(Bloomberg) -- HSBC Holdings Plc (LON: HSBA ) shares in Hong Kong rose after it emerged late Friday that the bank’s largest active investor would support a breakup of the lender on the basis that a separate Asia-listed unit would create shareholder value.
Ping An Insurance (Group) Co. has held discussions with the bank on the idea of spinning off HSBC’s Asian operations and listing them separately in Hong Kong, Bloomberg News reported on Friday. The shareholder believes a spinoff would win broad investor support.
The lender’s shares were up 0.48% as of 11:36 a.m. in London, having gained as much as 3.5% in Hong Kong, the most in over a month. They rose 1.47% in London on Friday.
In 2020, HSBC shocked investors by announcing it would scrap its dividend, under pressure from the U.K. regulator, creating an uproar among retail investors in Hong Kong. The push is gathering support among some shareholders in Hong Kong.
“We are standing on the same side as Ping An,” said Simon Yuen, Hong Kong-based founder of Surich Asset Management, whose firm manages money for clients who hold HSBC shares. Yuen declined to disclose how many shares they hold, citing client confidentiality.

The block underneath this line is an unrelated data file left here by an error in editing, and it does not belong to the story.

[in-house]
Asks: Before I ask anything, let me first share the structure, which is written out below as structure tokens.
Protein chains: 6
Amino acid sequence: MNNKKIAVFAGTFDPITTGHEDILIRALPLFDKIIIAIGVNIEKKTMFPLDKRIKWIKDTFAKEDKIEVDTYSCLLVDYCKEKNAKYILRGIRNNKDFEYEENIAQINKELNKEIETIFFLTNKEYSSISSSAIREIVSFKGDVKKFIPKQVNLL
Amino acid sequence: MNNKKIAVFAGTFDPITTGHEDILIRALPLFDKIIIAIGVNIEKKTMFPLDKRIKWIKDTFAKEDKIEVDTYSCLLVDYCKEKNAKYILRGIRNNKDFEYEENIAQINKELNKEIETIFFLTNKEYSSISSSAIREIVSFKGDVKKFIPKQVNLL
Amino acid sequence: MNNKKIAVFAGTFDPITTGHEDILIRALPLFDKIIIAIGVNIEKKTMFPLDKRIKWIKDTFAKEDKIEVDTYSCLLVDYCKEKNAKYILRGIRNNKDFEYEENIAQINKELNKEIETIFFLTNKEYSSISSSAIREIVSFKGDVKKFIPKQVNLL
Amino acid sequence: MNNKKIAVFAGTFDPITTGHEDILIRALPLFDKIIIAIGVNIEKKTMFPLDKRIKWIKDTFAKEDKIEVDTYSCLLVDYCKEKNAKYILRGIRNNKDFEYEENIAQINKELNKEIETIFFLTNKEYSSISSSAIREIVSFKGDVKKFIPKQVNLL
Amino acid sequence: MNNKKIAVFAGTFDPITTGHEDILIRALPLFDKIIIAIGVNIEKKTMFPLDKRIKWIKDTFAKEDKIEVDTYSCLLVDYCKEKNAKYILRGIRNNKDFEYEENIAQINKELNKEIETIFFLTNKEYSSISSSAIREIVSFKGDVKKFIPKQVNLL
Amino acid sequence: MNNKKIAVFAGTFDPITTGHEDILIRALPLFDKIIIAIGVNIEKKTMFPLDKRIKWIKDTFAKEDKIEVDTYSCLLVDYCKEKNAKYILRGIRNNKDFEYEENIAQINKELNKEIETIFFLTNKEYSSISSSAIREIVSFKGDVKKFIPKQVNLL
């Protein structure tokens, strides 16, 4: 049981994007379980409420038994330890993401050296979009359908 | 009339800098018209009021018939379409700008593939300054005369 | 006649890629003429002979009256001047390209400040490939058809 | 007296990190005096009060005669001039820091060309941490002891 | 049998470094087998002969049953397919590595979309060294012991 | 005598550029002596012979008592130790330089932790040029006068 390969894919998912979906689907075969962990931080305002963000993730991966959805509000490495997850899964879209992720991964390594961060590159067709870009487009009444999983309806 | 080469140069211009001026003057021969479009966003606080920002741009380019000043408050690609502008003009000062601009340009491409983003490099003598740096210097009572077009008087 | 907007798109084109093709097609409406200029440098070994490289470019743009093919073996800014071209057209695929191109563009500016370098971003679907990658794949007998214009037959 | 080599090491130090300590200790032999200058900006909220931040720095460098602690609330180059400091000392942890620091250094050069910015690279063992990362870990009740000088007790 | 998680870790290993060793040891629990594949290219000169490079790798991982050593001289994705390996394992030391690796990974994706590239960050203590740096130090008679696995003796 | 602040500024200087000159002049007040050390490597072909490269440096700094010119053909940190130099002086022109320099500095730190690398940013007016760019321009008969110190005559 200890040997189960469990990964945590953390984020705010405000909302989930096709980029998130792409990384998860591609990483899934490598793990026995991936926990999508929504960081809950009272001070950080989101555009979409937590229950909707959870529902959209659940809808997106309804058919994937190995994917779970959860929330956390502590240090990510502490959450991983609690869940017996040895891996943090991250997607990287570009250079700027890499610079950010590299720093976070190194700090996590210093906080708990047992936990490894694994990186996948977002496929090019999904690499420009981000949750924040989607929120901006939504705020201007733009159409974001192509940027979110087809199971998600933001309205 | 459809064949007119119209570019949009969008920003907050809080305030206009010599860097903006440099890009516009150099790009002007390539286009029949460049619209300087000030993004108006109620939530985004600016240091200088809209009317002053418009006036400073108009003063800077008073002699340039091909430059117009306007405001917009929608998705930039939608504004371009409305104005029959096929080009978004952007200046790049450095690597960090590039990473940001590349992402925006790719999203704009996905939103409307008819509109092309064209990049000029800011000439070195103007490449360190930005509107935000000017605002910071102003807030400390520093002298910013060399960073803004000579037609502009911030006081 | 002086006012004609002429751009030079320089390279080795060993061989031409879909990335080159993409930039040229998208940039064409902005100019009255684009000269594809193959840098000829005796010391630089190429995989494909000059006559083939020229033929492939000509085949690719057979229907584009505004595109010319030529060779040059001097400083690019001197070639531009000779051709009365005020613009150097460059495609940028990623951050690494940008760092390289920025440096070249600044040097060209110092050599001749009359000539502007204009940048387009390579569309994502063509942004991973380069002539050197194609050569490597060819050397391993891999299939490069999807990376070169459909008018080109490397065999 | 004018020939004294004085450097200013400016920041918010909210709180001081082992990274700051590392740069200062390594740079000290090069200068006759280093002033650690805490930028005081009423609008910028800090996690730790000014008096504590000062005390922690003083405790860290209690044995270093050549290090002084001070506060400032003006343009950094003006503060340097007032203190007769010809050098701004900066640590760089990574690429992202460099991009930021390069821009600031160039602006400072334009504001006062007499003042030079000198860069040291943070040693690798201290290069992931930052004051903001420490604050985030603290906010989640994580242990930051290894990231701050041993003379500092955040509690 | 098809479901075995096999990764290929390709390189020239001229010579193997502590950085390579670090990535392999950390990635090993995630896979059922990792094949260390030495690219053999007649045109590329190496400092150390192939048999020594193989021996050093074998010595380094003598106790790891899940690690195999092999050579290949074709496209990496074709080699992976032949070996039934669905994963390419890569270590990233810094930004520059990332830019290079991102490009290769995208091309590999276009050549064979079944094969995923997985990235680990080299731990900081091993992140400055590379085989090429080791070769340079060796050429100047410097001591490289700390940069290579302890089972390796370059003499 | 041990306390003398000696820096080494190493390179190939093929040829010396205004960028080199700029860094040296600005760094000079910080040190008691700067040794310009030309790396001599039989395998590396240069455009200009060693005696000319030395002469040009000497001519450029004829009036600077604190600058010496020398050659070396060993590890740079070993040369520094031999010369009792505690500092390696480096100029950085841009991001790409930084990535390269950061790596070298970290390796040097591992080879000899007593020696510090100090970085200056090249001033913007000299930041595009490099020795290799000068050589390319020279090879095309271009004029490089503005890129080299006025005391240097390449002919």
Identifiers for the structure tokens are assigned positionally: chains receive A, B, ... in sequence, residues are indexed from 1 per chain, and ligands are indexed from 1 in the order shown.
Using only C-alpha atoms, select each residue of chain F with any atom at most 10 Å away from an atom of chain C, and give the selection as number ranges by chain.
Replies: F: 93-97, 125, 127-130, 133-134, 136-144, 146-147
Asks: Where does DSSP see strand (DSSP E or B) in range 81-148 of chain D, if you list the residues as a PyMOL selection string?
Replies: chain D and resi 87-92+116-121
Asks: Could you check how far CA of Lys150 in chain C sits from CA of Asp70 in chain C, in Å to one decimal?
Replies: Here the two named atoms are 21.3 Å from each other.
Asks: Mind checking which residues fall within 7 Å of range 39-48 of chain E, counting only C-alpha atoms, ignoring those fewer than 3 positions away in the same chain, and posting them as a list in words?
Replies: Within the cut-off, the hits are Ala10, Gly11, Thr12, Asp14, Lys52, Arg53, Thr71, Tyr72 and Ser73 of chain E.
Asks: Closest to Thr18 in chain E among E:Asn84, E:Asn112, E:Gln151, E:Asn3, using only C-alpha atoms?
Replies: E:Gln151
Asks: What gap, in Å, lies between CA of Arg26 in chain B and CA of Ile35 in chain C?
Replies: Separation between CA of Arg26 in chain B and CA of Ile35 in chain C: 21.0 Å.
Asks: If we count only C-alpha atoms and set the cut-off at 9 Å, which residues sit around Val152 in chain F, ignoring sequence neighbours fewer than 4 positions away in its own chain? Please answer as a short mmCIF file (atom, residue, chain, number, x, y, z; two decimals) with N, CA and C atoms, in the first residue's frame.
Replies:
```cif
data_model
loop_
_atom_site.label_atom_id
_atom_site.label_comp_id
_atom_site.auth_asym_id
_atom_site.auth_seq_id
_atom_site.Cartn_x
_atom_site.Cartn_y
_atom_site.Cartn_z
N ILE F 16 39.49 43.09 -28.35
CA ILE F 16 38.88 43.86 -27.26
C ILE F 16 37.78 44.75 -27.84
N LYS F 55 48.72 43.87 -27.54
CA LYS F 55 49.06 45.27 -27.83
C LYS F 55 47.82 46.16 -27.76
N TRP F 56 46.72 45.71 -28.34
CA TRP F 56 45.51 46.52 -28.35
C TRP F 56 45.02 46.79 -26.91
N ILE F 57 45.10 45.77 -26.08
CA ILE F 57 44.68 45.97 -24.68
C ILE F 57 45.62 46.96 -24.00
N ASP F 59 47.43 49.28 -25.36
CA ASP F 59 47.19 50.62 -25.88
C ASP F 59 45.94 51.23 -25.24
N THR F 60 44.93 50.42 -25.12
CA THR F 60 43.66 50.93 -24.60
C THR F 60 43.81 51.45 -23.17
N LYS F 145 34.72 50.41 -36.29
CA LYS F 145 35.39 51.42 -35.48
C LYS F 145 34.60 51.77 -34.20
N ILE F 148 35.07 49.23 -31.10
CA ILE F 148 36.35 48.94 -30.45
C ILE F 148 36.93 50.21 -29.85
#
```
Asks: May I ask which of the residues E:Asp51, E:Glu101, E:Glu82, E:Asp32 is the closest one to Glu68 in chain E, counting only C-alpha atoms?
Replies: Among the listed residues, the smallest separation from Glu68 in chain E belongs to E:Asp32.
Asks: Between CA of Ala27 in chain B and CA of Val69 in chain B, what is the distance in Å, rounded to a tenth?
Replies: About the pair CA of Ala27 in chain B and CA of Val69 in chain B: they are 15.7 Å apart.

Yuen sees a divergence in monetary policy between China and other countries such as the U.S. and said that HSBC would be better able to accommodate requests from different governments if its business is split.
The push may also rekindle a debate over HSBC’s headquarters. Hong Kong’s government, which had made no move to limit dividends of the banks it regulates, said it would welcome HSBC returning its headquarters to the city, according to a previous report in the South China Morning Post
HSBC is in the midst of a global reorganization intended to focus its resources on growing its core Asian markets, which are seen as providing the lender with the best growth opportunities. The bank is steering billions of dollars in capital toward Asia, while curbing or exiting unprofitable operations in Europe and the U.S.
HSBC reported first-quarter results last week and said more share buybacks were unlikely this year as a drop in a key measure of its capital strength took the shine off better-than-estimated earnings.
(Adds comment from money manager in fifth paragraph)
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